Pre-Nickel Academy Elwood seems to grow with the Civil Rights Movement, at first hearing about and then participating in marches, sit-ins, and boycotts synonymous with the era. Whitehead fools the reader a bit here – we know the noble Elwood winds up in reform school and it was easy to picture the march he takes part in as the beginning of his delinquency. Instead, a long line of morally-correct-yet-individually-disastrous decisions lead him on a disadvantageous path – one that winds up with him hitchhiking in a car on the way to college. Predictably, he runs into trouble with the white law enforcement on a southern road, upending the promising future Whitehead painted for him.
Once Elwood is at Nickel, Whitehead builds the tension by narrating things that Elwood notices. Scars on other boys. Hunting dogs. Graveyards. A White House that no one goes near voluntarily. All throughout, the men in charge of Nickel seem to be convinced they are the moral saviors of wandering youth. There is an arbitrary ranking system at Nickel, one in which you can win your freedom by rising four levels by deeds and acts deemed virtuous. The “students” (Nickel portrays itself as a school, remember) are separated into dorms, their lives largely dictated by superiors who students attempt to avoid at all costs.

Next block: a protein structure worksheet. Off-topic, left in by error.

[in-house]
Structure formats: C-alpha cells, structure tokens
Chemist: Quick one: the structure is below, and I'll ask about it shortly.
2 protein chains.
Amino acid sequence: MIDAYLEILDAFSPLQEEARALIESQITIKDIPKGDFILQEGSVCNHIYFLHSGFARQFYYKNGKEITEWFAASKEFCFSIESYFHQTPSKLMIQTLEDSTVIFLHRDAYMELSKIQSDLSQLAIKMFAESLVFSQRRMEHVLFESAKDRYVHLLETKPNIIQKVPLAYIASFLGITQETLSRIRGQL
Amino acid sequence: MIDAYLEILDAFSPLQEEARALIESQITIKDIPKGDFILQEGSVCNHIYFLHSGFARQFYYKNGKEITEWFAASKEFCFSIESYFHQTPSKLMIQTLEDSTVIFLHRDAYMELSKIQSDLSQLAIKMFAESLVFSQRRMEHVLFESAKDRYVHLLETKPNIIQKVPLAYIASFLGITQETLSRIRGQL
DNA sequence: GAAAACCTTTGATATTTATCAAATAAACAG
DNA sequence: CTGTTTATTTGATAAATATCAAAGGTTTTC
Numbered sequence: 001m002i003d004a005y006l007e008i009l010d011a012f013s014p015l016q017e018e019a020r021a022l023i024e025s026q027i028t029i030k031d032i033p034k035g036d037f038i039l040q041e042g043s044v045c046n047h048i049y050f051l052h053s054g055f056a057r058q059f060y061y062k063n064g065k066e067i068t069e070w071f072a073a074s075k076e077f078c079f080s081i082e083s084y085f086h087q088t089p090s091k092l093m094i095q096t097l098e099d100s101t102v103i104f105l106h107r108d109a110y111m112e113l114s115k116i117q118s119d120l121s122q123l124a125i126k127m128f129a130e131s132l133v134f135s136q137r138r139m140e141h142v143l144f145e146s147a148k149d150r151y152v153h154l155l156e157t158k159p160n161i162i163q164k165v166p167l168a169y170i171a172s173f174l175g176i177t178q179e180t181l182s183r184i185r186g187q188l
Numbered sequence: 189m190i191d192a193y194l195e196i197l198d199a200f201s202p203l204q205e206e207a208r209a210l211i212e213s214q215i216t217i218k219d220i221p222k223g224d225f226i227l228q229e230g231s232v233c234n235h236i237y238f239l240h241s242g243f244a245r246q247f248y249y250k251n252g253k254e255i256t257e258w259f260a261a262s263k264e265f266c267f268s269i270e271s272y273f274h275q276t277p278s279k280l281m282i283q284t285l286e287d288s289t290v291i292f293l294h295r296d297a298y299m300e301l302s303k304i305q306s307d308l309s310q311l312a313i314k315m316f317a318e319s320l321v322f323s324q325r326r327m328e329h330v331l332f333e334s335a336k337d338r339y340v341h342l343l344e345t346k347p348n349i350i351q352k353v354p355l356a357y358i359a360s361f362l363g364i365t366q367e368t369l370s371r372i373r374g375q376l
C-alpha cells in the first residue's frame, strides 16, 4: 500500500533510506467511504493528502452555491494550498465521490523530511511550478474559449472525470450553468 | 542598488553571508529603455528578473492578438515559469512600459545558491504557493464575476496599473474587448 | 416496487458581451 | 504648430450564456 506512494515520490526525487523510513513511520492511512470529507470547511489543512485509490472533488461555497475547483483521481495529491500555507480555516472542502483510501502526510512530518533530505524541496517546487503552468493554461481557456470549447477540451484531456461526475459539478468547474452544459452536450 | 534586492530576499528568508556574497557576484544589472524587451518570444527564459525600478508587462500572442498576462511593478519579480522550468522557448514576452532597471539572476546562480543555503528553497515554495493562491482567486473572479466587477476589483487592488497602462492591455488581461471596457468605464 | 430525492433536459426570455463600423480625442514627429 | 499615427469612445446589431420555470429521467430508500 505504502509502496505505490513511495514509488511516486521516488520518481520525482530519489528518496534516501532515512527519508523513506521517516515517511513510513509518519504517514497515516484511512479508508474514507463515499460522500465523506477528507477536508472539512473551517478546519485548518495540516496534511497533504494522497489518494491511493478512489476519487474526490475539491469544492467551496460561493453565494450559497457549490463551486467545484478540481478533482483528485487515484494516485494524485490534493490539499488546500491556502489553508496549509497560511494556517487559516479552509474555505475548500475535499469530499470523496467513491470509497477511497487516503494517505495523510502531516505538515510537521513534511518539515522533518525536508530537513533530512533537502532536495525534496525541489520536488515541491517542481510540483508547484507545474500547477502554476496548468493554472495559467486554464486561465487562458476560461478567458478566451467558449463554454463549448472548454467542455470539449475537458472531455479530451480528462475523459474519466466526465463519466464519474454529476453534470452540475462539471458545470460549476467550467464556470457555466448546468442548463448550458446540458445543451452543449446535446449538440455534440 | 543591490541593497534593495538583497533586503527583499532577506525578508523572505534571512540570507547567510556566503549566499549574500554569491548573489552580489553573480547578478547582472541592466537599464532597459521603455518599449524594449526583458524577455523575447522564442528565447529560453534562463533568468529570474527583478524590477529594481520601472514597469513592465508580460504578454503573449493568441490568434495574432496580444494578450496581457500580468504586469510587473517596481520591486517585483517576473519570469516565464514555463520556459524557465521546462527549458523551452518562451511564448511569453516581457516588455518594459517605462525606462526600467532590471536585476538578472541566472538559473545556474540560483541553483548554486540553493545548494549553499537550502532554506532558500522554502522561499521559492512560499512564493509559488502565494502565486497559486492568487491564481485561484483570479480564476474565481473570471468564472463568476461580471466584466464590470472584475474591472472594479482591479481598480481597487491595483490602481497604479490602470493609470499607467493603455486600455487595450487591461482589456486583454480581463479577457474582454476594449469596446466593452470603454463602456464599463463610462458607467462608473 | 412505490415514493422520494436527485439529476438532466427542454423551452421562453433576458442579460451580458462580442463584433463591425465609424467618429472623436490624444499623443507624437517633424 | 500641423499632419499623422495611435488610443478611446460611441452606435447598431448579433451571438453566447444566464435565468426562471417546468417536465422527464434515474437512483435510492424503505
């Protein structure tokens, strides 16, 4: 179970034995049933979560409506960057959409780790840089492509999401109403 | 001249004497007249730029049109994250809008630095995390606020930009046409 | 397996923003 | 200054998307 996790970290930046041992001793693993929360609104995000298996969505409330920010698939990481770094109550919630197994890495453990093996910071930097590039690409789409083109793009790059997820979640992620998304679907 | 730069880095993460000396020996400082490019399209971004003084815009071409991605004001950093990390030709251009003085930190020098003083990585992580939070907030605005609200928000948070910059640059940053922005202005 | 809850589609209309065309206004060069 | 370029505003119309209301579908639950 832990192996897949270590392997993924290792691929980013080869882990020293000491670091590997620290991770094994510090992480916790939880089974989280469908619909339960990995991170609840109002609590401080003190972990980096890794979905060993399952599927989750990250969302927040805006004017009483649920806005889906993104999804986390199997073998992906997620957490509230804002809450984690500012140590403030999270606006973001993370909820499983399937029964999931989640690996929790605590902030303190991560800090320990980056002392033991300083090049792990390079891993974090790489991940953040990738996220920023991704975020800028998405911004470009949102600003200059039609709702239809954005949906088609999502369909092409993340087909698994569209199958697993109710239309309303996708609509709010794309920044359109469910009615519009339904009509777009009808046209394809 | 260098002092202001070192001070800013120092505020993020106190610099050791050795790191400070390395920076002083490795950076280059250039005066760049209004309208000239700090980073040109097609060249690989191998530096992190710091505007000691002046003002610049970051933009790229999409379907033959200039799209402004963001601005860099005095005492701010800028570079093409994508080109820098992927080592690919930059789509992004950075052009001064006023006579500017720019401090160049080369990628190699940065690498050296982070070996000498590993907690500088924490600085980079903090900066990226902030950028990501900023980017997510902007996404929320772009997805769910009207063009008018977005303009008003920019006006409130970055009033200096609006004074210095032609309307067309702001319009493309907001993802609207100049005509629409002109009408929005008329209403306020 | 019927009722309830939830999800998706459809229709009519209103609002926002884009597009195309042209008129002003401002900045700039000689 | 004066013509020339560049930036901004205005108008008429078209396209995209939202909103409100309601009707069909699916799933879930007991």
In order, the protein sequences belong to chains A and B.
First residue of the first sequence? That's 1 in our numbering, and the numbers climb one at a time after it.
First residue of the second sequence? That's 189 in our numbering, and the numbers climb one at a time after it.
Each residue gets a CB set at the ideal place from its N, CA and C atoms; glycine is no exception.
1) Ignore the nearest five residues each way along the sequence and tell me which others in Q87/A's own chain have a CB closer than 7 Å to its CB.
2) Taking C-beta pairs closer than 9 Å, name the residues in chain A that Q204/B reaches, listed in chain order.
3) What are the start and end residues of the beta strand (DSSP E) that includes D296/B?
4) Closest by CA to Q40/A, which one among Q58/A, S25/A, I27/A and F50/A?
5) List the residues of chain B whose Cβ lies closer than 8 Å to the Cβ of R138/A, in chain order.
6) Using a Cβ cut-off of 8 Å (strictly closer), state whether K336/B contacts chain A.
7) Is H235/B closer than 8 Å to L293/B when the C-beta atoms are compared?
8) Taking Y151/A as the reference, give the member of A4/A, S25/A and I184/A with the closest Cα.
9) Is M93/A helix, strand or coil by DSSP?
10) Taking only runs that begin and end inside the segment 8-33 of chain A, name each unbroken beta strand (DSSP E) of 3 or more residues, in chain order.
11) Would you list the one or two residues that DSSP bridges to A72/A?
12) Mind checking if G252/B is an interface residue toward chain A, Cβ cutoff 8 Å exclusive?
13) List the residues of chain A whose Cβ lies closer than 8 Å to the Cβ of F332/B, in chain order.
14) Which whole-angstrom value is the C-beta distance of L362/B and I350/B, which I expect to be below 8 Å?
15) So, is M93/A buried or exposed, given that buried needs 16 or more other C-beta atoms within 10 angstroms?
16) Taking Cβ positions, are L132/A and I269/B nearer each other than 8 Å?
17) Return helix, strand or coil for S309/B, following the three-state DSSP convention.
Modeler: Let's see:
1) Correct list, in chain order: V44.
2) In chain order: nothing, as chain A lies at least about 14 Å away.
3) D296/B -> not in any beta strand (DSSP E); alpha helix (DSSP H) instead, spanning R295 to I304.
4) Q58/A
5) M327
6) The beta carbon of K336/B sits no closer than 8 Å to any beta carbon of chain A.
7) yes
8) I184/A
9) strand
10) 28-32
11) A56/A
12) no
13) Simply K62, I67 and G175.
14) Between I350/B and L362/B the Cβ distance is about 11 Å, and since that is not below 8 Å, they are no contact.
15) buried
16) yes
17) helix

Elwood at first sees Nickel as a simple setback – he will do all he can to achieve everything at Nickel as fast as he can. He is not like these boys, he reasons. He is virtuous and industrious, capable of more than most if he simply followed the moral principles that guided his life – and supposedly guide the institution. Unfortunately, his righteous behavior again is punished, this time with a trip to the White House – the name of a place for midnight beatings and punishments. The final portions of the book bounce us back and forth from the rest of Elwood’s time at the Academy to a post-graduate Elwood living in New York. The tension mounts as we realize that most, but not all, of Elwood’s pre-Nickel aspirations have dissipated (for instance, he has no college education but rather has just received his GED), his moralistic inclinations have been mitigated, and his general outlook is much more pessimistic than the character from the middle passages of the book. In one portion Whitehead narrates his character thinking he had “outwitted Nickel because he got along and kept out of trouble. In fact, he had been ruined. He was like one of those Negroes Dr. King spoke of in his letter from jail, so complacent and sleepy after years of oppression that they had adjusted to it and learned to sleep in it as their only bed.” This is in direct contradiction to the “somebody-ness” King and Elwood had strove for in the beginning of the book. We know something drastic has happened; it is not until Whitehead revealed the final weeks of Elwood’s time at the academy that the reader realizes that the events were worse than they probably imagined.